Let $f$ be $n$ times continuously differentiable on $[0,1]$, with $f(\frac{1}{2})=0$ and $f^{(i)}(\frac{1}{2})=0$ when $i$ is even and less than $n$. Prove $$ \left( \int_0^1{f\left( x \right) \mathrm{d}x} \right) ^2\leqslant \frac{1}{\left( 2n+1 \right) 4^n\left( n! \right) ^2}\int_0^1{\left( f^{\left( n \right)}\left( x \right) \right) ^2\mathrm{d}x}. $$

$f\left( x \right) =f\left( \frac{1}{2} \right) +f'\left( \frac{1}{2} \right) \left( x-\frac{1}{2} \right) +\frac{1}{2!}f''\left( \frac{1}{2} \right) \left( x-\frac{1}{2} \right) ^2+\cdots +\frac{1}{n!}f^{\left( n-1 \right)}\left( \frac{1}{2} \right) \left( x-\frac{1}{2} \right) ^{n-1}+\frac{1}{n!}f^{\left( n \right)}\left( \frac{1}{2}+\theta \left( x-\frac{1}{2} \right) \right) \left( x-\frac{1}{2} \right) ^n=\frac{1}{n!}f^{\left( n \right)}\left( \frac{1}{2}+\theta \left( x-\frac{1}{2} \right) \right) \left( x-\frac{1}{2} \right) ^n$$\theta\in(0,1)$.

so $\int_0^1{f\left( x \right) \mathrm{d}x}=\frac{1}{n!}\int_0^1{f^{\left( n \right)}\left( \frac{1}{2}+\theta \left( x-\frac{1}{2} \right) \right) \left( x-\frac{1}{2} \right) ^n\mathrm{d}x}$

How to deal with $\int_0^1{\left( f^{\left( n \right)}\left( x \right) \right) ^2\mathrm{d}x}$ to prove this inequality?


2 Answers 2


Your solution does not work because $\theta$ (from the mean-value form of the remainder) depends on $x$.

As @leoli1 already said, one has to use Taylor's theorem with the integral remainder, this gives $$ \int_0^1f(x) \, dx=\int_0^1\int_{1/2}^x \frac{(x-t)^{n-1}}{(n-1)!} f^{(n)}(t)\, dt \, dx \, . $$ Now we split the integral in two parts so that we can interchange the order of integration. First, $$ \int_{1/2}^1\int_{1/2}^x \frac{(x-t)^{n-1}}{(n-1)!} f^{(n)}(t)\, dt \, dx \\ = \int_{1/2}^1\int_t^1 \frac{(x-t)^{n-1}}{(n-1)!} f^{(n)}(t) \, dx\, dt = \frac{1}{n!} \int_{1/2}^1 (1-t)^n f^{(n)}(t)\, dt \, . $$ Second, $$ \int_0^{1/2}\int_{1/2}^x \frac{(x-t)^{n-1}}{(n-1)!} f^{(n)}(t)\, dt \, dx \\ = -\int_0^{1/2}\int_0^t \frac{(x-t)^{n-1}}{(n-1)!} f^{(n)}(t) \, dx\, dt = \frac{(-1)^n}{n!} \int_0^{1/2} t^nf^{(n)}(t) \, dt \, . $$ Combining these equations we get $$ \int_0^1f(x) \, dx = \frac{1}{n!} \left( (-1)^n \int_0^{1/2} t^nf^{(n)}(t) \, dt + \int_{1/2}^1 (1-t)^n f^{(n)}(t)\, dt\right) \\ \le \frac{1}{n!} \int_0^1 \min(t, 1-t)^n |f^{(n)}(t)| \, dt \, . $$ Now we can apply the Cauchy-Schwarz inequality: $$ \left( \int_0^1f(x) \, dx \right) \le \frac{1}{n!^2} \int_0^1 \min(t, 1-t)^{2n} \, dt \int_0^1 |f^{(n)}(t)|^2 \, dt \, . $$ This gives the desired estimate because $$ \int_0^1 \min(t, 1-t)^{2n} \, dt = 2 \int_0^{1/2} t^{2n} \, dt = \frac{1}{(2n+1)4^n} \, . $$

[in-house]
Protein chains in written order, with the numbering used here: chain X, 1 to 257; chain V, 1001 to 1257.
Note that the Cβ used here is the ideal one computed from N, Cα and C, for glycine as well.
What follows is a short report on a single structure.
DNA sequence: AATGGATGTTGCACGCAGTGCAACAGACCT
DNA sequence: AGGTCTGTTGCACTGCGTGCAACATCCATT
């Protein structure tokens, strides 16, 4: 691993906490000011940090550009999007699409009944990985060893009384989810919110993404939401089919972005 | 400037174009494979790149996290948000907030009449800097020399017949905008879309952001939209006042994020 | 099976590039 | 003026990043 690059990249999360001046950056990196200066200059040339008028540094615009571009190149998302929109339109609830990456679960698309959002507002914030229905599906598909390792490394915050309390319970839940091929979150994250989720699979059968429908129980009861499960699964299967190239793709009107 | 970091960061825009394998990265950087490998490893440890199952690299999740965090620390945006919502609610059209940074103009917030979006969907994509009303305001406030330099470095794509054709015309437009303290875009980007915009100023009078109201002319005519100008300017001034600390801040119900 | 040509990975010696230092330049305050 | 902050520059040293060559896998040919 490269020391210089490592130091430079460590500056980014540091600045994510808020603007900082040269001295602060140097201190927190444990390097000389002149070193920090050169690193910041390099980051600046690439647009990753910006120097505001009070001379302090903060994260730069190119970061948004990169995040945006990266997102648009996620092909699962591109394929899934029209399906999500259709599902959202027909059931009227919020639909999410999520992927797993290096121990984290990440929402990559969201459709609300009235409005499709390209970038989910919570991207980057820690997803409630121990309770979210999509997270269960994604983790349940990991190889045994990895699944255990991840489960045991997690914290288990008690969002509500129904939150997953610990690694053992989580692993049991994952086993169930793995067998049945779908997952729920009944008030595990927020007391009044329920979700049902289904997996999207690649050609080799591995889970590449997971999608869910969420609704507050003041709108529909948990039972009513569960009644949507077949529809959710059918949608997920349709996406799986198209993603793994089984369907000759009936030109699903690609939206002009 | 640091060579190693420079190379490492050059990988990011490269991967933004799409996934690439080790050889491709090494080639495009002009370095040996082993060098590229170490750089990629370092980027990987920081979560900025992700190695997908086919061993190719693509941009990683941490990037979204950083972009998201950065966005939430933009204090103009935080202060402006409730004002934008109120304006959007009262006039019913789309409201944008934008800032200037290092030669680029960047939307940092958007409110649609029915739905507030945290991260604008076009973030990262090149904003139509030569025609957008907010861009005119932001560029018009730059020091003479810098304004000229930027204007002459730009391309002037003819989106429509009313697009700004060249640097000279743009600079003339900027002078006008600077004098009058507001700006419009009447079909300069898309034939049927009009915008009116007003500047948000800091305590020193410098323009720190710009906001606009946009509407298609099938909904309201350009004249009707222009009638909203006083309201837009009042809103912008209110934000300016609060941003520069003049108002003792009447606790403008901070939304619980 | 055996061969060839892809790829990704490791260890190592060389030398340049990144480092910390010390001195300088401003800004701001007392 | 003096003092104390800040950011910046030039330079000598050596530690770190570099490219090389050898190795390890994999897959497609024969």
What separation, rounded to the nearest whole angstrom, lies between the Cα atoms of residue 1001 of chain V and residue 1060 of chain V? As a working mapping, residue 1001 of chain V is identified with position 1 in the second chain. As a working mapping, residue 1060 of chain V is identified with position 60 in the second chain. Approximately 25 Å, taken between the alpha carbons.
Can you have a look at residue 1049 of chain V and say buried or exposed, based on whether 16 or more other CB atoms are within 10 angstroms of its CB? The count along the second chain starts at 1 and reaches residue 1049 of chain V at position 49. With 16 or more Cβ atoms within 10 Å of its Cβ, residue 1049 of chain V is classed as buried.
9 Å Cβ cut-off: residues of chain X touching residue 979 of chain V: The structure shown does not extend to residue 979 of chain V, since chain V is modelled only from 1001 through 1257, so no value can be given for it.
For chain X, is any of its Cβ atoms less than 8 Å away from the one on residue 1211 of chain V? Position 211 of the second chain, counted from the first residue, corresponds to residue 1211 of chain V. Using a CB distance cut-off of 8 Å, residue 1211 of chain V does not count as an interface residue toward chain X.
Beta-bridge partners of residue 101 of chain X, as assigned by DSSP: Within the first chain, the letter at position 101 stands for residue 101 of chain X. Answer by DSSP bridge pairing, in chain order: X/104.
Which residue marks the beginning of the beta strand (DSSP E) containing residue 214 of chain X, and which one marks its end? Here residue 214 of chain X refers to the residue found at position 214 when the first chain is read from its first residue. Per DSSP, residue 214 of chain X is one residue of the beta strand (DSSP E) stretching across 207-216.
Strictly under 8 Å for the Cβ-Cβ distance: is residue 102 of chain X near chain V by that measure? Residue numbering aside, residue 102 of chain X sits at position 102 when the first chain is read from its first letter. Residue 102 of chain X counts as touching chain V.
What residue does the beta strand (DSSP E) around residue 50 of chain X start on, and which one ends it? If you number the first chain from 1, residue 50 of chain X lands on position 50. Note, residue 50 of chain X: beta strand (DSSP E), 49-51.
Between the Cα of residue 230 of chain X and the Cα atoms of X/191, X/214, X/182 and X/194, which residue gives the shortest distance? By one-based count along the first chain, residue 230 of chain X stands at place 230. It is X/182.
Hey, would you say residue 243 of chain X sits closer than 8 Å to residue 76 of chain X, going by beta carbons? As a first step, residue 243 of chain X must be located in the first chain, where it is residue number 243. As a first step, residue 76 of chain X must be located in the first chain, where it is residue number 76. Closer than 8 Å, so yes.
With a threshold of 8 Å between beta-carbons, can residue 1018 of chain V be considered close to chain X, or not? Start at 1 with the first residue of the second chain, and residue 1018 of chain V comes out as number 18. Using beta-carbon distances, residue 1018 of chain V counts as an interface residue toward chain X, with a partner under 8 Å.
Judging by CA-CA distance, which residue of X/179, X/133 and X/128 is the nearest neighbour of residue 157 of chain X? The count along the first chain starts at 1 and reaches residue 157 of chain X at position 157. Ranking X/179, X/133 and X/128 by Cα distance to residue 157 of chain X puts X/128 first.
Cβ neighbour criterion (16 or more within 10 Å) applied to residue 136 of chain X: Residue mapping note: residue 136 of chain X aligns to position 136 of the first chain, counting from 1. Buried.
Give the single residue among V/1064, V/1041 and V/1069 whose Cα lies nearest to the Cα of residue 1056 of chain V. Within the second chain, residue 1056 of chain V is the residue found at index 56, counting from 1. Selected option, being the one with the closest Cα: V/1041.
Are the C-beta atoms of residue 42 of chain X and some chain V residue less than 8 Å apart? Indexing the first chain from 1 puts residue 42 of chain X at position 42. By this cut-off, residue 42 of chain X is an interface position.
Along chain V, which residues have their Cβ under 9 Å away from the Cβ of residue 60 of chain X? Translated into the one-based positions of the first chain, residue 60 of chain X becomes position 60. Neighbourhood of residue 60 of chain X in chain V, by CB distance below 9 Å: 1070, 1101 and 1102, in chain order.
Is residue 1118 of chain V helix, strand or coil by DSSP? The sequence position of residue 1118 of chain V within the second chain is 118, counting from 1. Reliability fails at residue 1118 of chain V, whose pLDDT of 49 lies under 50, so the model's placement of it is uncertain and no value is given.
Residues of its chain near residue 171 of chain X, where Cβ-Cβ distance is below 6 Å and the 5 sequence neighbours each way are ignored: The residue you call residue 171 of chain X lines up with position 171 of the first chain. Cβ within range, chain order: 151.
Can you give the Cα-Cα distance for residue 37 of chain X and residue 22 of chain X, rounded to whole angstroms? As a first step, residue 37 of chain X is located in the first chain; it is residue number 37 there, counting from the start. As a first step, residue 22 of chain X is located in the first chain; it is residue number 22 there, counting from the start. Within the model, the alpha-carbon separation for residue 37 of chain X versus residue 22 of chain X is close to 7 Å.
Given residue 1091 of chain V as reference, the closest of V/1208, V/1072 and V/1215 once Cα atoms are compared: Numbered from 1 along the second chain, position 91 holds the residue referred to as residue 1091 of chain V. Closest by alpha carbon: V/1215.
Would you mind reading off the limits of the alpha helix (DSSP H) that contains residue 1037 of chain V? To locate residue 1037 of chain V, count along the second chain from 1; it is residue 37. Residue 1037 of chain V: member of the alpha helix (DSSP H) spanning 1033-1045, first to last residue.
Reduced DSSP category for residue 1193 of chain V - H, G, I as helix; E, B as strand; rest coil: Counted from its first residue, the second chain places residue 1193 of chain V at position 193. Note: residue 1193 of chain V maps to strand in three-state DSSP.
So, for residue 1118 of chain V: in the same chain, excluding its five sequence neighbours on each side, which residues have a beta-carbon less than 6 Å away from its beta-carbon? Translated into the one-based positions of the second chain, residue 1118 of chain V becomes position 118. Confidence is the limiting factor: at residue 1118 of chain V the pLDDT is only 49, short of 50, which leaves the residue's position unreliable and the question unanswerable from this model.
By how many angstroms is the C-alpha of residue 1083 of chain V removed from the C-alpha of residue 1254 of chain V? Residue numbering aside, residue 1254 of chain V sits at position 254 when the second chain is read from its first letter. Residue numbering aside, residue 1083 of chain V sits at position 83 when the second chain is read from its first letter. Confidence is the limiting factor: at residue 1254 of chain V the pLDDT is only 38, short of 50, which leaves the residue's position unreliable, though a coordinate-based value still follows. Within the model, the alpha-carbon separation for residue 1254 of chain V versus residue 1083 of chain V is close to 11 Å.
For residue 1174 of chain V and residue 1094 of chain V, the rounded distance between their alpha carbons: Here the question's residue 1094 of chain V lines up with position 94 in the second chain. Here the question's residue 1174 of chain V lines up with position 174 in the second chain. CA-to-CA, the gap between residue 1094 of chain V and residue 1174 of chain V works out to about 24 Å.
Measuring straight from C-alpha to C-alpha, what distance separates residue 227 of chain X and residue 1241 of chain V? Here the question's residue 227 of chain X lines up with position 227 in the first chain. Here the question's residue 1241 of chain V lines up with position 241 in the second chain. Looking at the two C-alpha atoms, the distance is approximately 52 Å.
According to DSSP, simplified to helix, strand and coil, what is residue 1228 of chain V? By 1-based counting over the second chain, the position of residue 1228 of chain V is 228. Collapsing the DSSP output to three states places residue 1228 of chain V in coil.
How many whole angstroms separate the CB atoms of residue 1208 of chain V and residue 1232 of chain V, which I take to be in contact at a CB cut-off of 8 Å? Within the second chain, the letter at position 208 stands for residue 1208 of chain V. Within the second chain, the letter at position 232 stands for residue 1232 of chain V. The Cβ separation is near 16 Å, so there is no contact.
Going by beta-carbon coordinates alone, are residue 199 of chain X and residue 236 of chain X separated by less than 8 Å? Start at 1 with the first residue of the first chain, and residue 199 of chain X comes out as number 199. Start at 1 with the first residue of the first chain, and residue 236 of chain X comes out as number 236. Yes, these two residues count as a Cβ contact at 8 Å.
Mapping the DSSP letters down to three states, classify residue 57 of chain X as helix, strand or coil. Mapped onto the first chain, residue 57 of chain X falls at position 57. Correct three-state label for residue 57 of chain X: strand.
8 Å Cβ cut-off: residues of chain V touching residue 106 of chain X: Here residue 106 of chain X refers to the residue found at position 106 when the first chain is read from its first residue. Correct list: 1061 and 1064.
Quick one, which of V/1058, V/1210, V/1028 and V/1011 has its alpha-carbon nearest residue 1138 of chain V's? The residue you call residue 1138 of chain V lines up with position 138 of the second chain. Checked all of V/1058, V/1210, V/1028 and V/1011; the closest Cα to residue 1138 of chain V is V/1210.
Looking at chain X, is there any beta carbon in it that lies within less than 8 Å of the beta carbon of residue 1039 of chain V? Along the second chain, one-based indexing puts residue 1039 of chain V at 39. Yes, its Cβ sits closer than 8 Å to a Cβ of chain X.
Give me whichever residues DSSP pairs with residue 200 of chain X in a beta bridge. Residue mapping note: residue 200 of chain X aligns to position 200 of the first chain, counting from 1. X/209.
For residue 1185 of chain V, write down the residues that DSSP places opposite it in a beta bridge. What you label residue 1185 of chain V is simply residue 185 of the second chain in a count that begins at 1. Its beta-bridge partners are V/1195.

This almost achieves the desired bound, maybe I have some calculations error in here and it actually works.

For $n=0$ this is just Cauchy-Schwarz, so assume $n>0$.

Let $a=\frac{1}{2}$ for clarity and $x\in[0,1]$. Define $$R_{n-1}(x)=\int_a^x\frac{f^{(n)}(t)}{(n-1)!}(x-t)^{n-1}dt$$ This is the error term in Taylor's theorem, i.e. $$f(x) = f(a)+f'(a)(x-a)+\frac{f''(a)}{2!}(x-a)^2+\dots+\frac{f^{(n-1)}(a)}{(n-1)!}(x-a)^{n-1}+R_{n-1}(x)$$ Therefore:$$\int_0^1f(x)=\sum_{k=0}^{n-1}\frac{f^{(k)}(a)}{k!}\int_0^1(x-a)^{k}dx+\int_0^1R_{n-1}(x)dx$$ Note that every term in the sum vanishes: For even $k$ because of $f^{(k)}(a)=0$ and for odd $k$ because the integral is zero due to symmetry.
Thus $$\int_0^1f(x)dx=\int_0^1R_{n-1}(x)dx=\int_0^1\int_a^x\frac{f^{(n)}(t)}{(n-1)!}(x-t)^{n-1}dtdx$$ Now by Cauchy-Schwarz we have \begin{align*} \left\vert\int_a^x{f^{(n)}(t)}(x-t)^{n-1}dt\right\vert^2\leq\left\vert\int_a^x{f^{(n)}(t)}^2dt\right\vert\cdot\left\vert\int_a^x(x-t)^{2(n-1)}dt\right\vert \end{align*} The absolute values are necessary on the right side to include the case $x<a$. Now we have$$\left\vert\int_a^x{f^{(n)}(t)}^2dt\right\vert\leq\int_0^1f^{(n)}(t)^2dt$$ and \begin{align*} \left\vert\int_a^x(x-t)^{2(n-1)}dt\right\vert=\left\vert\frac{(x-a)^{2n-1}}{2n-1}\right\vert \end{align*} Hence \begin{align*} (n-1)!\int_0^1f(x)dx&\leq\int_0^1\left\vert\int_a^xf^{(n)}(x-t)^{n-1}dt\right\vert dx\\ &\leq\int_0^1\sqrt{\int_0^1f^{(n)}(t)^2dt}\sqrt{\left\vert\frac{(x-a)^{2n-1}}{2n-1}\right\vert}dx \end{align*} And: \begin{align*} \int_0^1\sqrt{\left\vert\frac{(x-a)^{2n-1}}{2n-1}\right\vert}dx&=\frac{2}{\sqrt{2n-1}}\int_0^{a}x^{(2n-1)/2}dx\\ &=\frac{2}{\sqrt{2n-1}}\frac{\left(\frac{1}{2}\right)^{(2n+1)/2}}{\frac{2n+1}{2}}\\ &=\frac{4}{\sqrt{2n-1}(2n+1)}\frac{1}{2^{(2n+1)/2}} \end{align*} Putting all together then gives us: \begin{align*} \left(\int_0^1f(x)dx\right)^2&\leq \frac{1}{(n-1)!^2}\frac{4^2}{(2n-1)(2n+1)^2}\frac{1}{2^{2n+1}}\int_0^1f^{(n)}(t)^2dt\\ &=\frac{1}{(n-1)!^2}\frac{8}{(4n^2-1)(2n+1)}\frac{1}{4^n}\int_0^1f^{(n)}(t)^2dt\\ &\leq\frac{1}{(n-1)!^2}\frac{8}{4n^2(2n+1)}\frac{1}{4^n}\int_0^1f^{(n)}(t)^2dt\\ &=\frac{2}{n!^2(2n+1)4^n}\int_0^1f^{(n)}(t)^2dt\\ \end{align*}

Unfortunately this is worse than what we wanted to show by a factor of $2$, perhaps one can improve one of the above estimates or I just made a mistake somewhere?

  • $\begingroup$ I hope there is no too much overlap between my solution and yours, I had developed that independently in the meantime. $\endgroup$
    – Martin R
    Aug 17, 2021 at 14:31
  • $\begingroup$ @MartinR All good, my solution wasn't complete anyways. It seems like the only non-trivial overlap is the use of the fact that the integral of $f$ is the integral of the remainder term, but this is what the OP had already noticed anyways. It was really your trick interchanging the order of integration by splitting up the integral that made it work out. $\endgroup$
    – leoli1
    Aug 17, 2021 at 20:16

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